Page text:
MS RAW Decoder

I confess straight away that I am a novice with audio. I have a Zoom H6 which I enjoy and have been reading about MS RAW files. I have been watching some videos but they baffle me but it seems as though it is something that I might make use of.

Does anyone know of any tutorials or articles that might help without drowning me in jargon?
Is anyone ever likely to produces a plug-in or does one exist?
Is it as technically difficult as I seem to think?


This audacity plug-in has a MS decoder option …
https ://
( but I’ve not used it myself: I use MSED plug-in in Audacity on Windows, but it is available for MACs ).

MS RAW files

I’m not sure about the “RAW” part… Usually RAW means a PCM audio file with no WAV file container/header.

Does anyone know of any tutorials or articles that might help without drowning me in jargon?

I don’t know… It’s an special recording technique and it’s not commonly used. There’s a lot of “mythology” in audio so you could end-up reading a lot of nonsense.

There could be an advantage in some situations simply because you have a microphone pointed directly at the main-source (such as the singer in the middle). And since the center mic is a different type/model of microphone and the mics are pointed differently, it will have a “different sound” than regular stereo. That different sound could be better or worse.

Is it as technically difficult as I seem to think?

Normally it’s a little tricky to set-up M/S recording and you normally need a figure-8 microphone which isn’t rare in a recording studio but most people don’t own one. But, I guess it’s easy with the H6.

“Mathematically”, it’s simple for the computer. You convert stereo to M/S by adding left-right to get the center (M) and subtracting to get the sides. The process is simply reversed to get-back the stereo original stereo. It’s 2-channels either way so you can save M/S in a normal 2-channel stereo file. And, it’s a lossless* & reversible.**

Some mixing/mastering engineers convert stereo to M/S so they can process the center & sides as separate “mono” files (EQ or reverb, etc.). But, you have to be careful because you can get some strange side-effects when you restore the stereo.

You convert stereo to mono with addition (that’s the “M” without the “S”). That can be done in analog or digitally.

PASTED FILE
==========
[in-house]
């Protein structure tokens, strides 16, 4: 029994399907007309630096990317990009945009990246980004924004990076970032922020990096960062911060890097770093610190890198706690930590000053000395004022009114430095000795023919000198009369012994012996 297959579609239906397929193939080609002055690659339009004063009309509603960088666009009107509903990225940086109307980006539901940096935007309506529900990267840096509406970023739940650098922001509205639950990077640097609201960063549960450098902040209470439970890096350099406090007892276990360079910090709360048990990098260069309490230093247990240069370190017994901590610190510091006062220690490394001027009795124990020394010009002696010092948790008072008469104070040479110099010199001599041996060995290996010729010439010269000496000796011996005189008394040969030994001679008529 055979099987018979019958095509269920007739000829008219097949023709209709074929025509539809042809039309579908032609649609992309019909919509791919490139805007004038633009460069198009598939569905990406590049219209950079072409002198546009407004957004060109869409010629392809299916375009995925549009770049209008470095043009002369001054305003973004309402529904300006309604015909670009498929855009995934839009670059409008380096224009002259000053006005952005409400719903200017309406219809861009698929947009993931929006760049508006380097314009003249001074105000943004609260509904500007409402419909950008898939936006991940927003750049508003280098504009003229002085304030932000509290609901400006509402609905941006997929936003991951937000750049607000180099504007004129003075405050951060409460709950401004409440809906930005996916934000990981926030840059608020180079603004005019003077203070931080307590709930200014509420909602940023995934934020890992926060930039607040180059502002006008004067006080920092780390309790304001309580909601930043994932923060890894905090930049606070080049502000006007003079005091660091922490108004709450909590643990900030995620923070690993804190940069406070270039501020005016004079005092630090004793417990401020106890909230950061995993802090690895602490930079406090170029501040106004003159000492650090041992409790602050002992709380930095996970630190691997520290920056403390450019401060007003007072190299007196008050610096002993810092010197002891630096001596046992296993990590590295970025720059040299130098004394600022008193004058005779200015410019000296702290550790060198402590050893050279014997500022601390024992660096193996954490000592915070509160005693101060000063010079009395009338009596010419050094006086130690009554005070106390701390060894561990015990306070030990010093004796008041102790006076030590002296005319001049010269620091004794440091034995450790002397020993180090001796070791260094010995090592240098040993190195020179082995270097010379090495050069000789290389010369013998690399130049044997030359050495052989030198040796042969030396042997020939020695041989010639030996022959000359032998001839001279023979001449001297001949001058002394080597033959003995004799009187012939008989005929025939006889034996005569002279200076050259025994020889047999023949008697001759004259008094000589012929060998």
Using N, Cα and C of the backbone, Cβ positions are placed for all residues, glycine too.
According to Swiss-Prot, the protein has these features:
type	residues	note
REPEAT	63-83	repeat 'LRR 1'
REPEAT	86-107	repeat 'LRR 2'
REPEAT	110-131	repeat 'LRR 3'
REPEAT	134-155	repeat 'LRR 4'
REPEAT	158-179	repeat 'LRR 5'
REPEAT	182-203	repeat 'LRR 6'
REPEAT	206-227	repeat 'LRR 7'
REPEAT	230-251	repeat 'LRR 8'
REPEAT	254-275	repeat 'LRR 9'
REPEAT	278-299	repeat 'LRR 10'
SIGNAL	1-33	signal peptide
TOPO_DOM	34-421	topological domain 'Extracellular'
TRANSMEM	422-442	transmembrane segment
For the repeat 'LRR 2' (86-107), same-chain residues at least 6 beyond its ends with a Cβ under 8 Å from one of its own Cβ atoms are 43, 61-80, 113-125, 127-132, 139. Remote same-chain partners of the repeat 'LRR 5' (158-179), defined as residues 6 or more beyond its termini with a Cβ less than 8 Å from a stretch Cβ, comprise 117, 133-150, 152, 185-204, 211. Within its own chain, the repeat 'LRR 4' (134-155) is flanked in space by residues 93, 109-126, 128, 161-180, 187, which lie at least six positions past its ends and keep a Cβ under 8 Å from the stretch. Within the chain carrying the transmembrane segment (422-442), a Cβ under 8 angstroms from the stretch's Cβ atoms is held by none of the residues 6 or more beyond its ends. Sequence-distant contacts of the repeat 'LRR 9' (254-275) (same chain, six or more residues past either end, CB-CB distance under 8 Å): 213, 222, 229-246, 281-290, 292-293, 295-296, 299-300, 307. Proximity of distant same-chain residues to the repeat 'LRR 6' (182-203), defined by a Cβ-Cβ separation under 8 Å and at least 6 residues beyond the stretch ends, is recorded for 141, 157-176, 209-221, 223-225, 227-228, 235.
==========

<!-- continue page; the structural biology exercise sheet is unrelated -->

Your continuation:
Subtraction is an “old trick” for center-channel vocal removal (that’s the “S” without the “M”). The Audacity vocal removal works that way (with some optional frequency filtering so you can keep the centered-bass, etc.)

Subtraction can also be done with analog or digital. A million years ago I made a crude surround-sound setup with an (analog) op-amp sending the difference signal to the rear speakers (leaving the front stereo untouched).

The Zoom website says:

Together with the onboard MS decoder provided by the H5 and H6, they capture a fully mono-compatible stereo image that can actually be adjusted after recording –

So, maybe you’re getting a regular stereo recording from the M/S microphone setup, and/or maybe “RAW” means you’re getting the original M/S recording.

***** Of course you have to remember it’s M/S or it’s going to sound screwy when played-back in stereo. :wink:

****** To be perfectly lossless it has to be done in floating point because you can get clipping when you sum in an integer format. (Audacity uses floating-point internally)

That plug-in is very easy to use.
It’s a “Nyquist plug-in” and installation instructions are here:

Once installed and enabled, all you need to do is to select the track (Selecting Audio - Audacity Manual), then launch the “Channel Mixer” effect from the Effect menu. Select the “Mid-Side Decode” option, and apply.

Thanks everyone.

There’s a lot to take in there but I found the responses generous and helpful.

In my meanderings I found this YouTube tut which made sense to me.

Thanks again


The “Mid-Side Decode” option in “Channel Mixer” does all of those steps automatically.

Thank you

I will definitely check that out.